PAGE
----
By the time I was in my first occupational therapy group, I was pissed off. I was having serious withdrawals, and I was doing a work sheet with questions like "If you were going to a job interview, would you wear pajama bottoms or slacks?” And besides that, the reality of my situation was becoming clearer and I was afraid. I was locked in a building with these strangers who have no idea what they're doing, and they had total control over me. If I had been this afraid the previous times I had been institutionalized, it was one of the things I had blocked from my memory. I had made a terrible mistake. As soon as the thought formed I felt the anxiety that I had been muzzling become fear. The lights went dim and I started to shake. I gave up on writing and tried to focus.

"Al? You need to pick up your crayon and keep writing".

I was suddenly freezing cold, and my thoughts were starting to jumble together.

"Al, this is not the way to start group. If you want to get off safety and out of here, you need to be programming".

I stood up and tried to explain and to ask for my medication, but only managed to mumble incoherently.

"Alright, if you're not going to cooperate I'm going to put you in time-out. Come with me".

I made another failed attempt to communicate, and when I didn't follow her out of the room she reached for me. As much as I had been keeping it at bay, talking myself out of it, ignoring it, I broke into a panic, and ran into the room the woman had been trying to get me to. She chased after me and stood in the doorway, watching. The terror had all but taken over, and I knew if I didn't stop it, it would become unbearably excruciating, the unimaginable kind of suffering that would make someone who loves life with the greatest passion unable to stop themselves from attempting suicide if only to keep from having to go through one more agonizing second of it. I would have taken that route myself, had I not been equally afraid of death. Because I was, however, I was paralyzed by fear. I crouched in the corner with my knees drawn up in front of my face, carving crescents into my palms with my fingernails, trying to keep my composure enough to get what I needed before it was too late. Then I stumbled over to where the woman was standing and held myself up with the doorway.

"C-Can I have an Ativan, p-p-please? I -"

The woman cut me off and eyed me suspiciously. "Did you not get it this morning for some reason?"

"N-No its, a, uh, a PRN. As needed f-for anxiety..."

"Well you'll have to wait until the nurse is done giving meds in the kids unit."

"P-please, you don't understand, I can't take it much longer, once it t-takes me, I have to stop it now..."

The woman, Jordan, stepped away and called the nurse on her walkie-talkie. She returned after a few moments and said "The doctor hasn't signed off on your medications yet, so you'll just have to deal with it for now."

My heart froze. Somehow, as the fear then continued mounting, I managed to talk to Jodie in a frantic race to get her to let me try something else, before it wouldn't work.

"Could I do something then, anything? Haldol, Valium, Xanax, uh, I could call someone to talk me down, or let me, let me g-get in the shower, or-"

She cut me off again. "I said you'll just have to deal with it. Its time for OT, so you can either do that, or sit in here."

"Please, you d-don't understand, its excruciating-

"It’s not time for showering or phone calls-"

"Don't you make exceptions for emergencies?"

"What're you going to do when you get out of here? People aren't going to make exceptions for you your entire life-"

"They d-do for things like this, this is the definition of f*cking exceptional!" I shrieked. "If I was anywhere but here I could make a phone call, or t-take a shower, or t-take my medication! I can't control this and I can't handle it! What if I was a diabetic having a seizure? Wouldn't you give me a cookie even if it wasn't snack time?"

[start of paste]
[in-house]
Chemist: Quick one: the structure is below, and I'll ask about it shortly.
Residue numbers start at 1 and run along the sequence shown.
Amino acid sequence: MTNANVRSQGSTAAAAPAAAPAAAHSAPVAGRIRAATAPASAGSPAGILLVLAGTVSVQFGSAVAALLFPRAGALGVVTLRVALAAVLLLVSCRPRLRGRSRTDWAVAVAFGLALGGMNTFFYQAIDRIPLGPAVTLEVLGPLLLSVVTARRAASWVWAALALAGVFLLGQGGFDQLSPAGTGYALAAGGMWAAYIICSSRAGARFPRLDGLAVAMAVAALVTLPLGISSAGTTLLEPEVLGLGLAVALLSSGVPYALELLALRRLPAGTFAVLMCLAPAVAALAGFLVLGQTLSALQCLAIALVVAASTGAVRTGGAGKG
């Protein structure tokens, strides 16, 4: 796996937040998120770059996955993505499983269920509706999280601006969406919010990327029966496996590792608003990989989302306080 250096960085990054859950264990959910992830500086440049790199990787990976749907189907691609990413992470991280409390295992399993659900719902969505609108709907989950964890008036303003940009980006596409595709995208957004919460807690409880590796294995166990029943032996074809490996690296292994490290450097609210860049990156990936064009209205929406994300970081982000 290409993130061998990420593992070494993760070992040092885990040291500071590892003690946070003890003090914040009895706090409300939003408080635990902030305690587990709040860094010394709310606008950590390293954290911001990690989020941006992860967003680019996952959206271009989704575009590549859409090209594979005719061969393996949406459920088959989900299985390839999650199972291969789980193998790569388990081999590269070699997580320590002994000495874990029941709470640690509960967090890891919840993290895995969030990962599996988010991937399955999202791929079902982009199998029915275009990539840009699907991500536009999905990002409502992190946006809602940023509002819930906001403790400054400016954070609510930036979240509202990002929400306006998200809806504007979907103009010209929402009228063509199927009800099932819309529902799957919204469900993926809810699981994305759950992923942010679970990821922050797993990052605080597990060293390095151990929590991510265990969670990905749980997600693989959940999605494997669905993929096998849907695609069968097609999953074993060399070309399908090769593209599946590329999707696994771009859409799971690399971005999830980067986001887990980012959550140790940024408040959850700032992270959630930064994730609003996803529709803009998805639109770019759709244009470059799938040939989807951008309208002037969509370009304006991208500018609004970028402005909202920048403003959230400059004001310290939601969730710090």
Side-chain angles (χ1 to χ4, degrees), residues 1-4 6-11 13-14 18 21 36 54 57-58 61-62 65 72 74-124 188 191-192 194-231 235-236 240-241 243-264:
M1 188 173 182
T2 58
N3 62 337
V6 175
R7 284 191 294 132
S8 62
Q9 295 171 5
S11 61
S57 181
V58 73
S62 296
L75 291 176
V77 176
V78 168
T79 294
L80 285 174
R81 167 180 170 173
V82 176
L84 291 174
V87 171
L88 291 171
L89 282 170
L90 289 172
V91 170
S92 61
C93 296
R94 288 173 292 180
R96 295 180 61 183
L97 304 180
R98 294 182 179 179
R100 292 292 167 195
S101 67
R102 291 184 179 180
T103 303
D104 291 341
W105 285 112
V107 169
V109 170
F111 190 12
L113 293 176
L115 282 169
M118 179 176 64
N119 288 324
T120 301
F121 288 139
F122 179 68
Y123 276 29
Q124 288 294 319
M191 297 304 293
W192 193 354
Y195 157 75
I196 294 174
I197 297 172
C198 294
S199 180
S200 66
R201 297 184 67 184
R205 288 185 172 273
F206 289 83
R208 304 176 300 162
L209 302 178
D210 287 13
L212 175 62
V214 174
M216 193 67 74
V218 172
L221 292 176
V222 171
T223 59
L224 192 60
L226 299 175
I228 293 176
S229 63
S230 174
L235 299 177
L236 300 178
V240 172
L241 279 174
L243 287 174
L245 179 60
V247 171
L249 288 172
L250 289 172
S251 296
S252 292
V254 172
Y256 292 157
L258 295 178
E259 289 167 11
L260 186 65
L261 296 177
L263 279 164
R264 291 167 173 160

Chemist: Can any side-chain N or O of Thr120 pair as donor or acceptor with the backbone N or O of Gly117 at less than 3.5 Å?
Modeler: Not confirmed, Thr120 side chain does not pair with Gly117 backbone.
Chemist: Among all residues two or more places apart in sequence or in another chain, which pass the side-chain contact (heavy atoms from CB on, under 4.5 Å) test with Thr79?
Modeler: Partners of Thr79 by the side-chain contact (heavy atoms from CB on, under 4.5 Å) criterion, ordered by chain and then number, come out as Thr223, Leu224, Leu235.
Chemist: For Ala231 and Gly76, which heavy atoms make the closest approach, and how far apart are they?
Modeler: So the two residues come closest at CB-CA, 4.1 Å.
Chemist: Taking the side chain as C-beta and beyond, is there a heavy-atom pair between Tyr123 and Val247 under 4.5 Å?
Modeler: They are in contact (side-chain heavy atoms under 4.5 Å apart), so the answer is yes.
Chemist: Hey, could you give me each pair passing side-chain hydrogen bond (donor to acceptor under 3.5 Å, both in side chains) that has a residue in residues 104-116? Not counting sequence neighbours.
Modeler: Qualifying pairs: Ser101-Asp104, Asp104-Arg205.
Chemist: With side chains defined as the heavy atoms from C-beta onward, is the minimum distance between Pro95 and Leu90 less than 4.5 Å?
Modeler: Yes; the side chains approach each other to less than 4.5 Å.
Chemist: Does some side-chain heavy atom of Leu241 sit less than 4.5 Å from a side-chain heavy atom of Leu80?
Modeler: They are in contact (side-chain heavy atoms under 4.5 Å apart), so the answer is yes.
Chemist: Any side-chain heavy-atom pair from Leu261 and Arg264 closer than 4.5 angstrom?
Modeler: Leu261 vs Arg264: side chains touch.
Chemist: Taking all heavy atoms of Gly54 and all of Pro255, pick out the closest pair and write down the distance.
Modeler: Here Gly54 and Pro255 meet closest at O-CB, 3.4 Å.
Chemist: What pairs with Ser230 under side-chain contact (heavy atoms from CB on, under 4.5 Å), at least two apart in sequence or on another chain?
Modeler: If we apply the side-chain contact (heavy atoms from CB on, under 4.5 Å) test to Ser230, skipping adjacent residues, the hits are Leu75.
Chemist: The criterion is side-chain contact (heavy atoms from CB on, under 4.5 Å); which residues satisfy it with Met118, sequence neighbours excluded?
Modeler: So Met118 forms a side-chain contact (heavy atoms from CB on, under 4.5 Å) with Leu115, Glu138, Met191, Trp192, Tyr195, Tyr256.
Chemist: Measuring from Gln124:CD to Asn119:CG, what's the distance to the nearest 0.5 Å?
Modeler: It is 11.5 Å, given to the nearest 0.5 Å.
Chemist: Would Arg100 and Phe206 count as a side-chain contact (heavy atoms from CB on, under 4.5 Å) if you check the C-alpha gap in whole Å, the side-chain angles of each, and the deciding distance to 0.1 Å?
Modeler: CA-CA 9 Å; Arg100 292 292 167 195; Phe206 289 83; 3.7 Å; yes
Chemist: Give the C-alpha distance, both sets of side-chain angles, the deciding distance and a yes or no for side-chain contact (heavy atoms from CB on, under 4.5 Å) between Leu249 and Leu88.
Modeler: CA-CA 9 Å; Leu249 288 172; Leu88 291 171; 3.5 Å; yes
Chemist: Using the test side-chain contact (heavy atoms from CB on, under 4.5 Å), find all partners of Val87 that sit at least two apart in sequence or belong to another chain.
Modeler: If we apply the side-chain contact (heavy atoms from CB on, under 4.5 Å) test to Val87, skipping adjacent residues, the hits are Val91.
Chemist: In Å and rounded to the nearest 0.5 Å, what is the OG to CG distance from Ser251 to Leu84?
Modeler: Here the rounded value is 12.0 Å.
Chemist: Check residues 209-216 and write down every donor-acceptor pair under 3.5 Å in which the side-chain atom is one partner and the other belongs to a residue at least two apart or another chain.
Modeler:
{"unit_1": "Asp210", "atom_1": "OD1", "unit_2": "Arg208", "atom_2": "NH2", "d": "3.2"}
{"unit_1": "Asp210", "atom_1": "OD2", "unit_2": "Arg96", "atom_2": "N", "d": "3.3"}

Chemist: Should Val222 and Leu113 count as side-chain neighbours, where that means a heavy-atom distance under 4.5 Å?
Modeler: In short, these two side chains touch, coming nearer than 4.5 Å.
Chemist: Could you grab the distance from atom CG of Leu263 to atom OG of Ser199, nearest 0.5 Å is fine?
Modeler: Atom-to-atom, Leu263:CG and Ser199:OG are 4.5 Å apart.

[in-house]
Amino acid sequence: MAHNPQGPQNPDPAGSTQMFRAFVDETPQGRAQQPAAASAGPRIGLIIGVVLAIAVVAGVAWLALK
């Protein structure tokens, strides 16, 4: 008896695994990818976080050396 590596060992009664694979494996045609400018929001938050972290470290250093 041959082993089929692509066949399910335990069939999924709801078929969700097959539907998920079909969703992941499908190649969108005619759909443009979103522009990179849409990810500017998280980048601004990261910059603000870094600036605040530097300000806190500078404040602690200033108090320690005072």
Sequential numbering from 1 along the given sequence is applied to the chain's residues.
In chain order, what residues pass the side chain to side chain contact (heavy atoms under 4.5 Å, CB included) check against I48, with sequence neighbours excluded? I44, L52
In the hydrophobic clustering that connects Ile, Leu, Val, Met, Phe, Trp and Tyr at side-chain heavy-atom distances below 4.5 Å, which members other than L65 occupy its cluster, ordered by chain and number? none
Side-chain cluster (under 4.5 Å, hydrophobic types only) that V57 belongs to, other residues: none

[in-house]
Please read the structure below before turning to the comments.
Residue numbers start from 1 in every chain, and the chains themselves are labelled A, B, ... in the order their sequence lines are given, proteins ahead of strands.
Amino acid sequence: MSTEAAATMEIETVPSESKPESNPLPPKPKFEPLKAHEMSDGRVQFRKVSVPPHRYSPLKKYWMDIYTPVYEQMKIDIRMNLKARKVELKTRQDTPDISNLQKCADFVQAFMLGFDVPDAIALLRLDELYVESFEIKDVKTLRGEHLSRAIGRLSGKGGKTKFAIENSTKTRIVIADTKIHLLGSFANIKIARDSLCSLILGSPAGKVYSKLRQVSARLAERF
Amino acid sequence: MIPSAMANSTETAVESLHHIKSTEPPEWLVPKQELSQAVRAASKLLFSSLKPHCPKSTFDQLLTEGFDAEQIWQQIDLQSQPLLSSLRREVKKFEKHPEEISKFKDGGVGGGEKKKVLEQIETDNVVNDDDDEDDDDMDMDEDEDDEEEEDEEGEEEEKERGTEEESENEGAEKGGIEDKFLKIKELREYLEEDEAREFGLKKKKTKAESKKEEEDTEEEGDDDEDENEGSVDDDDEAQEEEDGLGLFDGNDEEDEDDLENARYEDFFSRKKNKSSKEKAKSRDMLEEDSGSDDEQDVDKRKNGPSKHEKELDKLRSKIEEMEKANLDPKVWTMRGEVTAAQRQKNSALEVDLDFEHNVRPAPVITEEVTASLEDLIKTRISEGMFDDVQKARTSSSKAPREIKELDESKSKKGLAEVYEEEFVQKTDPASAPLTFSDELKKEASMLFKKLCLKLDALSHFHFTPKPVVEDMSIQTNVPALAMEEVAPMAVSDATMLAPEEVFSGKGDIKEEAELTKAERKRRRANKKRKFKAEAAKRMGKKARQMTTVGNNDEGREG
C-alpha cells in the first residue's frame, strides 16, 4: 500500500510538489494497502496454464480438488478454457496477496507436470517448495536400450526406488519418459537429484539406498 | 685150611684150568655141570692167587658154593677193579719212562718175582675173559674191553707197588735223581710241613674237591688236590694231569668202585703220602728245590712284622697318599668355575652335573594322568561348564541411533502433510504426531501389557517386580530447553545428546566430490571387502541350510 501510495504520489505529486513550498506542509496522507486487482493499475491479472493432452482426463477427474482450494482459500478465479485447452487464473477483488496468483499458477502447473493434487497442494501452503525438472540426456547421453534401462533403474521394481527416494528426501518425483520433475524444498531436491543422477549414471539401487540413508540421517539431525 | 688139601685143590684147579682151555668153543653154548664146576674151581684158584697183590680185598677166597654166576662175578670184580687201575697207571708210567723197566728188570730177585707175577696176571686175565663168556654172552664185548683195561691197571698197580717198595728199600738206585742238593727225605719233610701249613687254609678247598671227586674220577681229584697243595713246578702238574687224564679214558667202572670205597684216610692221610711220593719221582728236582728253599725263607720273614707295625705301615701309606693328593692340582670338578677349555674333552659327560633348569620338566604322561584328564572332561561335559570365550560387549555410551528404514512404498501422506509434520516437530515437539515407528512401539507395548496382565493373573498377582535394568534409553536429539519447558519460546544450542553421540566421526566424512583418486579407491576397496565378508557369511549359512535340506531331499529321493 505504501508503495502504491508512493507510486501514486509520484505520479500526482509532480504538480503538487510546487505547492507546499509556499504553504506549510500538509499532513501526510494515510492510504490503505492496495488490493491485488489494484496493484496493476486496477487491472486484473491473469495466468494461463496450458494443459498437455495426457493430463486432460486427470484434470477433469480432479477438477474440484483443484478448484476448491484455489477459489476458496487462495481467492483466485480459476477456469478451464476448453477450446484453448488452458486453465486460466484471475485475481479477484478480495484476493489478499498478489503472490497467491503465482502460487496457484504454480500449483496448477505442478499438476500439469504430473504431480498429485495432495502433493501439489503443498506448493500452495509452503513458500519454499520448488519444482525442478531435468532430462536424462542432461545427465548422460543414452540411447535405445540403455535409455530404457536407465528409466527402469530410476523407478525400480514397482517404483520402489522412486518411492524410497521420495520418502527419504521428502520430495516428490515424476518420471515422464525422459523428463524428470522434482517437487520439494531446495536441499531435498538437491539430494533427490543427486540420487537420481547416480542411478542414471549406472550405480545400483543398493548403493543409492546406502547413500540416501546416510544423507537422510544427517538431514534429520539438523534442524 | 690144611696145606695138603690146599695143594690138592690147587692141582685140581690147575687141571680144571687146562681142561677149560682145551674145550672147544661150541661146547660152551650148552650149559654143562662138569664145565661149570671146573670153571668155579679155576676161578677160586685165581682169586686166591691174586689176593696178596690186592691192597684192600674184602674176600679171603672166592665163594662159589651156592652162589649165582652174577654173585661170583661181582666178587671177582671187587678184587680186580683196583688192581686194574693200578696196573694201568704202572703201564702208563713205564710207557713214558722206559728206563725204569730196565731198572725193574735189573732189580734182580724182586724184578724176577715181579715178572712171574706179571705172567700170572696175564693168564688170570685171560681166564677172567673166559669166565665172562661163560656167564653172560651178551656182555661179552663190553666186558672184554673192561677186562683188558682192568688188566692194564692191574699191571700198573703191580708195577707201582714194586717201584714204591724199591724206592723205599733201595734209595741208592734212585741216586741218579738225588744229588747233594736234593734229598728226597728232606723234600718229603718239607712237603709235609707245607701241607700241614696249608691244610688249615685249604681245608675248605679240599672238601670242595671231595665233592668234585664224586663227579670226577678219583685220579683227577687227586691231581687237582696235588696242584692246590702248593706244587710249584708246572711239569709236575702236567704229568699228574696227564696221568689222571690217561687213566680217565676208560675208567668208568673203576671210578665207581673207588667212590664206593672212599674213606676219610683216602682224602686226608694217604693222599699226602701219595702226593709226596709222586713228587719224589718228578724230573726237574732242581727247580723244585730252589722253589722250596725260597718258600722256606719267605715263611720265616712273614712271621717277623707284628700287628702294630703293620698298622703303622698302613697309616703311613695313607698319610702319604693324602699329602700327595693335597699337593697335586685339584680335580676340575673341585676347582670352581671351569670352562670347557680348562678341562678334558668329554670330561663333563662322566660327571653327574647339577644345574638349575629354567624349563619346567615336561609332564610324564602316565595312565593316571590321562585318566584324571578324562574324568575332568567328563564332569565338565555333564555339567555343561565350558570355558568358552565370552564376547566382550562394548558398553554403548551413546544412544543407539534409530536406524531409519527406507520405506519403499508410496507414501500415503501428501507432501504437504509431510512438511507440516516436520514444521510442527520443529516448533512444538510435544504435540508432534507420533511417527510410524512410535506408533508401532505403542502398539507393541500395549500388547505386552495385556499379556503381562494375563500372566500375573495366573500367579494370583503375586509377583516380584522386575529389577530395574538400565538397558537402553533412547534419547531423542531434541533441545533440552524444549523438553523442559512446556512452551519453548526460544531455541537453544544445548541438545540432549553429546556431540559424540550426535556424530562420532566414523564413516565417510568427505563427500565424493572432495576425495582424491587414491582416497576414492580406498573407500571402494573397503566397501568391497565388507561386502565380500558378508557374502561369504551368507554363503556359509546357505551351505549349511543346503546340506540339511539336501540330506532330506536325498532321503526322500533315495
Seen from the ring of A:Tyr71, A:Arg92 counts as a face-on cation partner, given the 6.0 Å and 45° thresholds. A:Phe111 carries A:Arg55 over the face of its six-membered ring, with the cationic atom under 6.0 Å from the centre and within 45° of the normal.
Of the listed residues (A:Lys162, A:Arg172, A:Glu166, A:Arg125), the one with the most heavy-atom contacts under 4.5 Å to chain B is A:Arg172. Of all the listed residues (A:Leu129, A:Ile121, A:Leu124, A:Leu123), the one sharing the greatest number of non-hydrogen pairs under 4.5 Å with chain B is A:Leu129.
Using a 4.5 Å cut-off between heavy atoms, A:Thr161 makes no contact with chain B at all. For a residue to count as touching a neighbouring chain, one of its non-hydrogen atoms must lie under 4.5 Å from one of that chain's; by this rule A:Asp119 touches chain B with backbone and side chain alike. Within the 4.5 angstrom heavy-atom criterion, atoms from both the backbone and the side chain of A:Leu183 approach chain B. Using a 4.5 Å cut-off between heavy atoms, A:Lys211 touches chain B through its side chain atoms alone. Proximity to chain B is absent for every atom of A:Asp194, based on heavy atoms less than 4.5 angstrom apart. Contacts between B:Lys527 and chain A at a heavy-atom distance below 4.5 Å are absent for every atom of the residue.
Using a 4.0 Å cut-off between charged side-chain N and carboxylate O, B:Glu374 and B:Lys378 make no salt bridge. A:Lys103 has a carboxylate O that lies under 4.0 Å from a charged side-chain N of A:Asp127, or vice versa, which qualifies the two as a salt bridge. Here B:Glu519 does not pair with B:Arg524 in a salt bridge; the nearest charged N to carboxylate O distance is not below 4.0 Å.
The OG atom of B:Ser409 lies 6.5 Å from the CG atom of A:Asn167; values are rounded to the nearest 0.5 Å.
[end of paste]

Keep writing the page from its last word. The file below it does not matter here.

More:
At that Jodie coldly stated "Come out when you've calmed down", and fell silent. With the last of my will I dropped onto the floor, trying anything to get a hold on myself, but failed. The fear took over, and I can't even begin to explain the horror of it, so I will not make an attempt. I writhed around on the floor in agony, screaming gutturally at the top of my lungs and tearing at myself. Finally, the terror backed down into a manageable fear, and I nearly passed out from exhaustion. I exited the room and was escorted to clinical group, since occupational therapy was over for the day. Clinical group turned out to be a game called "Moods" that was designed for children who have trouble identifying emotions.

I put up enough of a fuss that they called the resident doctor the next night to see me in person. I talked her into writing me a doctor's order that would allow me to shower any time I needed to, and made a few other arrangements to try to ensure that the events of that day were not repeated. We also discussed and selected a new medication to try me on, because I made it abundantly clear that I would not take anything they gave me without researching and approving it myself. I also finally got my nicotine patch.

The next week passed as slowly as I have ever known one to. The arrangements I had made with the doctor, along with my new medication and the patches I was given made the rest of my stay bearable, but I was worse there than I had been at home. Nothing they did there actually helped me, but I did manage to fake it well enough that I "programmed" successfully and persuaded my assigned clinician that I was ready to be discharged. I was released in record time.

The day I was to leave I had my things packed before breakfast. My roommate and I exchanged contact information before saying good bye. I filled out the patient survey, in which I had a lot to say, and as soon as my father showed up and signed the paperwork I flew out the door. On the car ride home, I realized something.

"Damn. Dad, I just remembered I left one of my favorite books on the bed back there".

"You want to go back?" he asked.

"Hell no," I replied. "I'd have to be crazy".

The author's comments:
This is a true story, and I submit it in hopes that it will draw concern to the awful state of the mental health system in America. My experience in the last institution was traumatizing in itself. I'd like to help keep others from falling victim to it.

*some names have been changed